The notion of hacking “life” arose during a period when technology was achieving one minor marvel after another, and “disruption” could still be touted as an unalloyed good. Yes, a tech bubble had burst at the beginning of the decade, but that was viewed as a failure of business models, not the tech itself. (No matter how wondrous the user interface, having someone deliver a candy bar to your Manhattan apartment for free turned out to be, surprisingly enough, unsustainable.) Smartphones seemed almost magical in their ability to iron the hassles and uncertainty out of everyday activities. You no longer had to give people directions to your house, rustle up a newspaper to find out where the movie you wanted to see was playing, or pick a restaurant with no idea what other diners thought about it.
People who wrote code were the wizards who had given us all this. They were also famed for their intense if eccentric work ethic and for turning clever new ideas into hefty fortunes. They specialized in finagling the interlocking systems of an increasingly networked world. Productivity methods had existed long before the rise of Silicon Valley—people once swore by their Filofaxes—but the tech industry, in its boundless hubris, believed that it could do productivity, as well as everything else, so much better.
Reagle groups a series of trends (hobbies? cults?) under the rubric of life hacking, each one reflecting another facet of the mindset that British media theorists Richard Barbrook and Andy Cameron labeled “the Californian Ideology”: “a mix of cybernetics, free market economics, and counter-culture libertarianism.” This ethos is highly individualistic and mistrustful of institutions. Life hacking has roots in the group of Bay Area hippies who, in 1968, put together The Whole Earth Catalog, a compendium of tools, that as Reagle writes, were selected to be “useful, further self-sufficiency, provide good value,” and to be “little known but easily purchased by mail.” The frisson of feeling you’re part of a select few who have mastered the problems that bedevil the bovine masses is part of life hacking’s DNA.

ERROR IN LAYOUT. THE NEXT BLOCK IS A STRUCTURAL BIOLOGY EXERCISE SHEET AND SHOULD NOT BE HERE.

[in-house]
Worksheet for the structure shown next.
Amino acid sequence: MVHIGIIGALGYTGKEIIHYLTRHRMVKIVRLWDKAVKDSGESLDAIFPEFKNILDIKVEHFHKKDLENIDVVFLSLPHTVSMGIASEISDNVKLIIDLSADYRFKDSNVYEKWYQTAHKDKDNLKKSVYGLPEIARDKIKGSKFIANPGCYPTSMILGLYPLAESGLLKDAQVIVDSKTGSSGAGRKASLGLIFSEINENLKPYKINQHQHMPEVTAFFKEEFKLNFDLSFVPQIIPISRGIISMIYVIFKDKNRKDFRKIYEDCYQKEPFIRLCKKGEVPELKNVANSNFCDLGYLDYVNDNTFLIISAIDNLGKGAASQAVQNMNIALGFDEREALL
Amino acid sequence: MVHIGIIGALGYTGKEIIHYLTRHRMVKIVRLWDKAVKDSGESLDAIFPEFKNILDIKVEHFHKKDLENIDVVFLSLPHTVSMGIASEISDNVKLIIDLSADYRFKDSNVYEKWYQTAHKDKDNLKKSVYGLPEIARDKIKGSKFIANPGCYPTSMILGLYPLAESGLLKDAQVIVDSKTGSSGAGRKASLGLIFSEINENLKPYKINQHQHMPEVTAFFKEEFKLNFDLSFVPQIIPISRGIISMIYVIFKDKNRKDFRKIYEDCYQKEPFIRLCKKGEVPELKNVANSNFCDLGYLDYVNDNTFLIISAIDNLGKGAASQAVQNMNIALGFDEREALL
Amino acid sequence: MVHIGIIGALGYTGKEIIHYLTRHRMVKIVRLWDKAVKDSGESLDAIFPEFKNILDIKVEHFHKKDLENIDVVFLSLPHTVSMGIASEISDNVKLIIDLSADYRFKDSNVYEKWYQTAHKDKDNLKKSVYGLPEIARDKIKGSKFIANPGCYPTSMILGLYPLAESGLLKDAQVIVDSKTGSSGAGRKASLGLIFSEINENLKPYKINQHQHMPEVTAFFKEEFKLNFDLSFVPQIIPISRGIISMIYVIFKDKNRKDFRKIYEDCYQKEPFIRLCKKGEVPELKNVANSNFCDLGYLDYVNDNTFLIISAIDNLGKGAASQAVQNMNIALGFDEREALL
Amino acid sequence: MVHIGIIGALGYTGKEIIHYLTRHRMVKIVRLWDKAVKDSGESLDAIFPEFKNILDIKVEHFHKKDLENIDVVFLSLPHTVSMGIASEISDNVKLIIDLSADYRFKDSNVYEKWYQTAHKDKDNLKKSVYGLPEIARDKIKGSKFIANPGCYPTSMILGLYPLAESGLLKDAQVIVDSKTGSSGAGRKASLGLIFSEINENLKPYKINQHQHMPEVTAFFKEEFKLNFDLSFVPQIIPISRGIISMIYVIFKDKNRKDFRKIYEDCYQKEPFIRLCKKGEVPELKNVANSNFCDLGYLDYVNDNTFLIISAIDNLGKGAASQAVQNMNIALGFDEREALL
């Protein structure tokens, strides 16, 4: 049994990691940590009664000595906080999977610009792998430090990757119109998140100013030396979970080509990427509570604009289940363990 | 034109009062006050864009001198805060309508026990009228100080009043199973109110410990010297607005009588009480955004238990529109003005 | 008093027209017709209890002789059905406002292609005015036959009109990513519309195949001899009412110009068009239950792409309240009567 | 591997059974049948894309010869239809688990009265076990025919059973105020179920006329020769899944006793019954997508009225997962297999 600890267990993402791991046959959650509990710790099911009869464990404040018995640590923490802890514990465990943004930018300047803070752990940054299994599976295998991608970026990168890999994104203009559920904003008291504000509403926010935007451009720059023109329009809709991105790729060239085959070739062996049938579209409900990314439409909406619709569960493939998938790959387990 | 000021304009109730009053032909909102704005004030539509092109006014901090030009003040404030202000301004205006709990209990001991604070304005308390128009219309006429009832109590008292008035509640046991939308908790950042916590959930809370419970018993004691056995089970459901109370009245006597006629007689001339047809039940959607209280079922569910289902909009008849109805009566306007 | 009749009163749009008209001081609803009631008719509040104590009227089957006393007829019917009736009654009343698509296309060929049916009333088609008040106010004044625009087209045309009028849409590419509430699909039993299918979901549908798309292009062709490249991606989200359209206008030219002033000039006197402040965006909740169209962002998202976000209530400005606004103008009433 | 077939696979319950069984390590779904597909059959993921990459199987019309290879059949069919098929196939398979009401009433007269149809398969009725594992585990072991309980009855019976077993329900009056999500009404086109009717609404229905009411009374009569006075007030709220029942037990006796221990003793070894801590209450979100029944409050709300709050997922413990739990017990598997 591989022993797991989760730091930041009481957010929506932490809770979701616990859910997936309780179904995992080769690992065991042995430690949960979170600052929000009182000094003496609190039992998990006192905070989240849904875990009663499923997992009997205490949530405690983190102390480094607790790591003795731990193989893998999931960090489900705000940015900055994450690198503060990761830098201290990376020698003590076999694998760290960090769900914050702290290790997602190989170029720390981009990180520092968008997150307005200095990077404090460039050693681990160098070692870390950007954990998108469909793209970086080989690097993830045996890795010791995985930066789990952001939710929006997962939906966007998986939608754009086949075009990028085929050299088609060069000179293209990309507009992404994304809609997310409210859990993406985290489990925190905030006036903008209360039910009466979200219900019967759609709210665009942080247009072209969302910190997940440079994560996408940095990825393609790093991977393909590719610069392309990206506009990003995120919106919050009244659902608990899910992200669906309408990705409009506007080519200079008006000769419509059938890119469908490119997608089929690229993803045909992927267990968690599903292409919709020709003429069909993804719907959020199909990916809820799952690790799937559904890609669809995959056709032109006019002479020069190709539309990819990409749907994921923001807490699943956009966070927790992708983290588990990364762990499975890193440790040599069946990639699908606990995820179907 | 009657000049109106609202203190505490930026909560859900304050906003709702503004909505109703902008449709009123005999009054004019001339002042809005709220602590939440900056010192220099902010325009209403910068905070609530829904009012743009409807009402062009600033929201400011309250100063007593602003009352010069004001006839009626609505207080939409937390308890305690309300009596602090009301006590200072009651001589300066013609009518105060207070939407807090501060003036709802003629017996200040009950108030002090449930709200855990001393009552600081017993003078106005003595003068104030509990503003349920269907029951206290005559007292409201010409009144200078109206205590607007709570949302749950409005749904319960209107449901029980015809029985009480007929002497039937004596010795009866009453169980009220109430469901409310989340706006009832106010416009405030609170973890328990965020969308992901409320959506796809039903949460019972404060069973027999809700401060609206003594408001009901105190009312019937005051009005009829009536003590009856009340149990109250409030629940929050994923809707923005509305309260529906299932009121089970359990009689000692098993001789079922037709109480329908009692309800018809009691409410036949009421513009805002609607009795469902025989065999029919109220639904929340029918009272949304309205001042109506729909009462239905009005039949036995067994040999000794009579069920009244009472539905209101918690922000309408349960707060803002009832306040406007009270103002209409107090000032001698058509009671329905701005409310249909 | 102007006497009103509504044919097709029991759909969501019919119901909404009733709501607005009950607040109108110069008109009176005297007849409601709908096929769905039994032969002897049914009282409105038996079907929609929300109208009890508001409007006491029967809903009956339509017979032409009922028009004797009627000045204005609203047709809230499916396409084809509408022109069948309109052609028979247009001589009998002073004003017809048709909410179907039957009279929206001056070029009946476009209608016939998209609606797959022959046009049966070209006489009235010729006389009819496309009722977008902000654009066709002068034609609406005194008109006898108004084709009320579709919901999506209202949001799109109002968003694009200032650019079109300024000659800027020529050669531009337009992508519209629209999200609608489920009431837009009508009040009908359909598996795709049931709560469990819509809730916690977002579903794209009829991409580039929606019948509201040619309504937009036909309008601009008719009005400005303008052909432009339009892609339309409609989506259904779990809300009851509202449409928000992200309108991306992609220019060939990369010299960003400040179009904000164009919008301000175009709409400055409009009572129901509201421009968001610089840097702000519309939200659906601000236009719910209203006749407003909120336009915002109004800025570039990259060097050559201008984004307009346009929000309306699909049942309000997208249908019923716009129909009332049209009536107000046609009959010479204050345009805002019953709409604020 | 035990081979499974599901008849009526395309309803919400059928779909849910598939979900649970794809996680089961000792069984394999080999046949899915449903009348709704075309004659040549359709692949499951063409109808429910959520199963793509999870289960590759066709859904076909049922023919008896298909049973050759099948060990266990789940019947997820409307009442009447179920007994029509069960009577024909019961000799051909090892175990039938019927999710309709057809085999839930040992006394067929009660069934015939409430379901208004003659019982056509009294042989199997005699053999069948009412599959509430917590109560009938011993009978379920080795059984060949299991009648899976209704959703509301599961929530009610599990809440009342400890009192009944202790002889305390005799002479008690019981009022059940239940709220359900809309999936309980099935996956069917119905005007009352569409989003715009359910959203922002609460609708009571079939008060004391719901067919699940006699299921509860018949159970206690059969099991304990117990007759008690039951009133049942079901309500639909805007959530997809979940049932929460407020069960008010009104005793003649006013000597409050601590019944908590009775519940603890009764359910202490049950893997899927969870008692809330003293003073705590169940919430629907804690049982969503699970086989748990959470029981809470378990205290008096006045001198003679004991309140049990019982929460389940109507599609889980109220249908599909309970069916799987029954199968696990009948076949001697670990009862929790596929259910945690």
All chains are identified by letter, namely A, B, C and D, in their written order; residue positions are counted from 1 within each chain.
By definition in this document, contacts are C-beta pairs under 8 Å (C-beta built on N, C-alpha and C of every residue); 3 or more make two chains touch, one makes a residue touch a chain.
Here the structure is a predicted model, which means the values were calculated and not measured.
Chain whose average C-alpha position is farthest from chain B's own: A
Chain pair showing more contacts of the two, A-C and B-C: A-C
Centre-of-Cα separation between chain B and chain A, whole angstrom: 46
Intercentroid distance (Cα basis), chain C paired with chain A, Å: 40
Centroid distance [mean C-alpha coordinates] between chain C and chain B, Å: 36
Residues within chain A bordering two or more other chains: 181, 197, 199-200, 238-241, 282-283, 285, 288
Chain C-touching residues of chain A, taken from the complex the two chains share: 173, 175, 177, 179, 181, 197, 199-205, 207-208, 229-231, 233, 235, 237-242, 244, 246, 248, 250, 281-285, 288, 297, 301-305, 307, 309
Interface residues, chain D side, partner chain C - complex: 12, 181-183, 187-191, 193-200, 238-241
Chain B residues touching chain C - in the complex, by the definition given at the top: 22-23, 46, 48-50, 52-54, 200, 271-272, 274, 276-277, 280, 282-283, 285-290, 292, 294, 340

Much later, the life hacking mentality manifested in such seemingly unrelated phenomena as the pickup-artist scene. I’ll confess, the inclusion of such louche practices in Hacking Life baffled me at first. At no point during my own quest for the ultimate productivity system did it occur to me to try hacking other people’s behavior. But, as Reagle explains, PUAs are the natural product of a subculture invested in the belief that all human activities can be “optimized” through the application of systematic processes and formulae like workflows and algorithms. Life hackers started out analyzing and streamlining their to-do lists, and many of them ended up trying to hack their own intimate relationships.